That’s catfished capital. My apologies.
It seems that Alaskans are looking for love in all the wrong places. Or, at least, we do it more per capita, than anyone else in the United States. All those dark, solitary, winter nights, alone in the cabin with an internet connection… What’s an Alaskan looking for love to do?
Stay offline, apparently.
Catfishing, for those not in the know, is basically the attempt to swindle via a faked romance. The Better Business Bureau reports that 1 out of 7 dating profiles online are frauds. Dating profiles are created, using stolen photos, in order to manufacture a “relationship” with the goal of cheating the lonely out of some hard earned cash.
Per capita, eight out of the top ten states to fall for catfishing are in the west, with Alaska leading the way in taking the bait, hook, line and sinker.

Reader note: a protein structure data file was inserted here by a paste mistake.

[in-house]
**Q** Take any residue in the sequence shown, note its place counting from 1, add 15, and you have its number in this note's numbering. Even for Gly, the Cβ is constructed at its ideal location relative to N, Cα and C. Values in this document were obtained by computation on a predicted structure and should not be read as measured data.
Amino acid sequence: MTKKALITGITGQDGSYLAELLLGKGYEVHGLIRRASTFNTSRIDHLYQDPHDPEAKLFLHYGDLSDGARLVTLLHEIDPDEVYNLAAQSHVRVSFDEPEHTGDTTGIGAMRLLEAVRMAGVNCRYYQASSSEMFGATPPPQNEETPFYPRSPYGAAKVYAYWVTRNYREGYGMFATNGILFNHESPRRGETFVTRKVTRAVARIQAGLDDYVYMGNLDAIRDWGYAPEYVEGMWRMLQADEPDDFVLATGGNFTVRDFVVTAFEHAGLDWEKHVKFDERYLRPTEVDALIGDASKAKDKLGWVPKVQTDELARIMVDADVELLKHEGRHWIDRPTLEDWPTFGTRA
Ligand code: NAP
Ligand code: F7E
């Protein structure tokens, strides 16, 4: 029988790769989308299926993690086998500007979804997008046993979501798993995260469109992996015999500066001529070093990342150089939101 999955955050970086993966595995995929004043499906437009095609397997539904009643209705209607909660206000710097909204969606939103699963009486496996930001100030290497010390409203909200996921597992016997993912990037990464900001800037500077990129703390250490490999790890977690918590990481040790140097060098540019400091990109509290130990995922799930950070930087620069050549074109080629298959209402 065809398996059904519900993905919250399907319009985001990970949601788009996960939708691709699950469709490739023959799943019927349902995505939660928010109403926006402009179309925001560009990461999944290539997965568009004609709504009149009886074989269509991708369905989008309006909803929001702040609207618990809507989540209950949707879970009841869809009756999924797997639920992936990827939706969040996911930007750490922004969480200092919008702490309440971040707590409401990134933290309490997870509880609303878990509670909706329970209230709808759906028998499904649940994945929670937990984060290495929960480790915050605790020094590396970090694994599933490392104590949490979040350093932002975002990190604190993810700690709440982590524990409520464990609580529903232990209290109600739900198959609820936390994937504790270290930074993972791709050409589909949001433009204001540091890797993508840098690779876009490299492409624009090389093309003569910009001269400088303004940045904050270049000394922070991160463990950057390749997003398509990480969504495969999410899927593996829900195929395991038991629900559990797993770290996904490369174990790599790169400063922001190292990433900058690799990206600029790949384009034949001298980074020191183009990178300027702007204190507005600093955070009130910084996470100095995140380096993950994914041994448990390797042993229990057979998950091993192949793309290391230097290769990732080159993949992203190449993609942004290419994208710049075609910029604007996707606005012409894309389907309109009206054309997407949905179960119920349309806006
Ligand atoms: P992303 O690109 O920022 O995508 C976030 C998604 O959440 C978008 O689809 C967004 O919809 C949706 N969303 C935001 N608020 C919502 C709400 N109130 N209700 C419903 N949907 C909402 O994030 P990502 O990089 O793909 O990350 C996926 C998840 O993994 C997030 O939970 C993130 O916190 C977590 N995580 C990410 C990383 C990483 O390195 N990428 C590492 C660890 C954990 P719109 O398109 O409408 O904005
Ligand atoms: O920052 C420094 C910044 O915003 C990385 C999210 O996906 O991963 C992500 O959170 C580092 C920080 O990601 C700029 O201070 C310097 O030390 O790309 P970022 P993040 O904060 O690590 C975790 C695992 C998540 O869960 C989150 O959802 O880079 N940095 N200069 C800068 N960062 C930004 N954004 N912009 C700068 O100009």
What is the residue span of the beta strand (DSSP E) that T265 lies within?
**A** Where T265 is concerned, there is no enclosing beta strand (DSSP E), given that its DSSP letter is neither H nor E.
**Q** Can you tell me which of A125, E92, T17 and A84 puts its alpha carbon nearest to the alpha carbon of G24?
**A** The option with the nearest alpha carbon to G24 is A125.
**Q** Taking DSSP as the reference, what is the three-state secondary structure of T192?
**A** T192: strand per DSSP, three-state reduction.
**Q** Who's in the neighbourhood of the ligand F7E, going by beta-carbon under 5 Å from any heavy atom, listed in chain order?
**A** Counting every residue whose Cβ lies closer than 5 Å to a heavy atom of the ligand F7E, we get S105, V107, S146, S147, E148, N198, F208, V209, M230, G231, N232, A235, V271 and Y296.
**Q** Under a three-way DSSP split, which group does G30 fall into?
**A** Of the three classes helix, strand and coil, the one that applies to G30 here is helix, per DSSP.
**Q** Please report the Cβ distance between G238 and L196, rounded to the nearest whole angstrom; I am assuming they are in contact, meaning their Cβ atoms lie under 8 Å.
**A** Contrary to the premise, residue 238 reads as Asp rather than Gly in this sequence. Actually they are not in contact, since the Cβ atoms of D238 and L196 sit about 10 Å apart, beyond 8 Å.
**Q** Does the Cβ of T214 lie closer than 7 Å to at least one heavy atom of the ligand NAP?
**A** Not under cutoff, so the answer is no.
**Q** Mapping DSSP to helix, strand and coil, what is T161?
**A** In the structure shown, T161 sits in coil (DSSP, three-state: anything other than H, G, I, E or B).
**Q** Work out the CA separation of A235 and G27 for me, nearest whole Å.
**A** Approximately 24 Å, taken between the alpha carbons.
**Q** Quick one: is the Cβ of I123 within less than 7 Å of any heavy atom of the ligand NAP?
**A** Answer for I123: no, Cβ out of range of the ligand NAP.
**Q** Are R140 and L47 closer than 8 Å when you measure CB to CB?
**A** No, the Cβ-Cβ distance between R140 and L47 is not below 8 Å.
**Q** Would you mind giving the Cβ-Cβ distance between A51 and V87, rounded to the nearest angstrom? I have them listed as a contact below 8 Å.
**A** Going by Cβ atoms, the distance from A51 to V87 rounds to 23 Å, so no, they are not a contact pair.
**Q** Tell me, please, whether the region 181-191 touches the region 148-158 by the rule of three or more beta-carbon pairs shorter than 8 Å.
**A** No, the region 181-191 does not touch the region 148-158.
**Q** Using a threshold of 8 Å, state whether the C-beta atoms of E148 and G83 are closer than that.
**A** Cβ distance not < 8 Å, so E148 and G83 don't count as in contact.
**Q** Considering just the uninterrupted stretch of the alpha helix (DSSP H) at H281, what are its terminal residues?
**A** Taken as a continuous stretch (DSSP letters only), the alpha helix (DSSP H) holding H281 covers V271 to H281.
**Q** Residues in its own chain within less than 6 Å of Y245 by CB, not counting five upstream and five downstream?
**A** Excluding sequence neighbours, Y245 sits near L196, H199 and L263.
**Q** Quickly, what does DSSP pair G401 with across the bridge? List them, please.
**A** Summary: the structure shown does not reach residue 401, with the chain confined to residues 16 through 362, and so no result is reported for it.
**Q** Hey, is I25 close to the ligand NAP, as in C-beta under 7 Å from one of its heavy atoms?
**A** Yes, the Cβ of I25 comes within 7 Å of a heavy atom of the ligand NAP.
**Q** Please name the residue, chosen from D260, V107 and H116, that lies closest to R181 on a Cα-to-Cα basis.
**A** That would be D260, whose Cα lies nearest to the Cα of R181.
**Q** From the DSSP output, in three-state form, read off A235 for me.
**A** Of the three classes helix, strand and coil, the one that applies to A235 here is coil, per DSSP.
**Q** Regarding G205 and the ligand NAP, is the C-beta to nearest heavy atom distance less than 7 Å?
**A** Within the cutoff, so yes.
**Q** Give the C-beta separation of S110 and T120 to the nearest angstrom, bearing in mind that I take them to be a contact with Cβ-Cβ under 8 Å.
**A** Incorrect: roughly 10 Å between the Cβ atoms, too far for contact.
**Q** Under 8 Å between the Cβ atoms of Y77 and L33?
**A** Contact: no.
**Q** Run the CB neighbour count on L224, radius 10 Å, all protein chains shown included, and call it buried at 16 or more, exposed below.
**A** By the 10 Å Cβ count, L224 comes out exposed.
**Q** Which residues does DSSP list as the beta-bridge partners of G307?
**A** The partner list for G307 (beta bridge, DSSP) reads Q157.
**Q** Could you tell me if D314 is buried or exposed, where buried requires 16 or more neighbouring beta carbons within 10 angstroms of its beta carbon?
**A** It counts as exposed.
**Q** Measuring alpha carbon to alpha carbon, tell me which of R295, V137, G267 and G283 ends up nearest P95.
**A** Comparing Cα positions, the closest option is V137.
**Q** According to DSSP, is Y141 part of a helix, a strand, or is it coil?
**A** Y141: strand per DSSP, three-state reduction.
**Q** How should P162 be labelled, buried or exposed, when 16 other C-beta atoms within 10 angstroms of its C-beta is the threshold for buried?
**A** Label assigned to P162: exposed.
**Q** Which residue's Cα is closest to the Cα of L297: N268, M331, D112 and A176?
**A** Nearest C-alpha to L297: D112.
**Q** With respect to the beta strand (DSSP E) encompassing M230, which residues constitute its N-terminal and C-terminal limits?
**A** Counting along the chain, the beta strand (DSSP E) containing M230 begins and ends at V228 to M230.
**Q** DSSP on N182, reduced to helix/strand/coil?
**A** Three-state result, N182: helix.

Luckily, for romance seekers in the Far North, Alaskans are not anywhere near the top in dollars lost. North Carolina leads the way here, with $47,886 lost per swindle. That’s a lot of chocolate.
According to the FBI, $323,952,461 was lost to catfishers in 2018 alone.
Some tips from the FBI:
Don’t send money to a person you have never met.
Keep conversations online for as long as possible. Once you text or call, you’ve given out personal information that can be used against you.
Be wary of giving any personal information out online. Most people do not really need to know your mother’s maiden name upon first meeting online.
And my favorite tip: If it seems to good to be true, you’re probably talking to a Catfish.
Graph Credit: HSI; stats from the FBI Internet Crime Center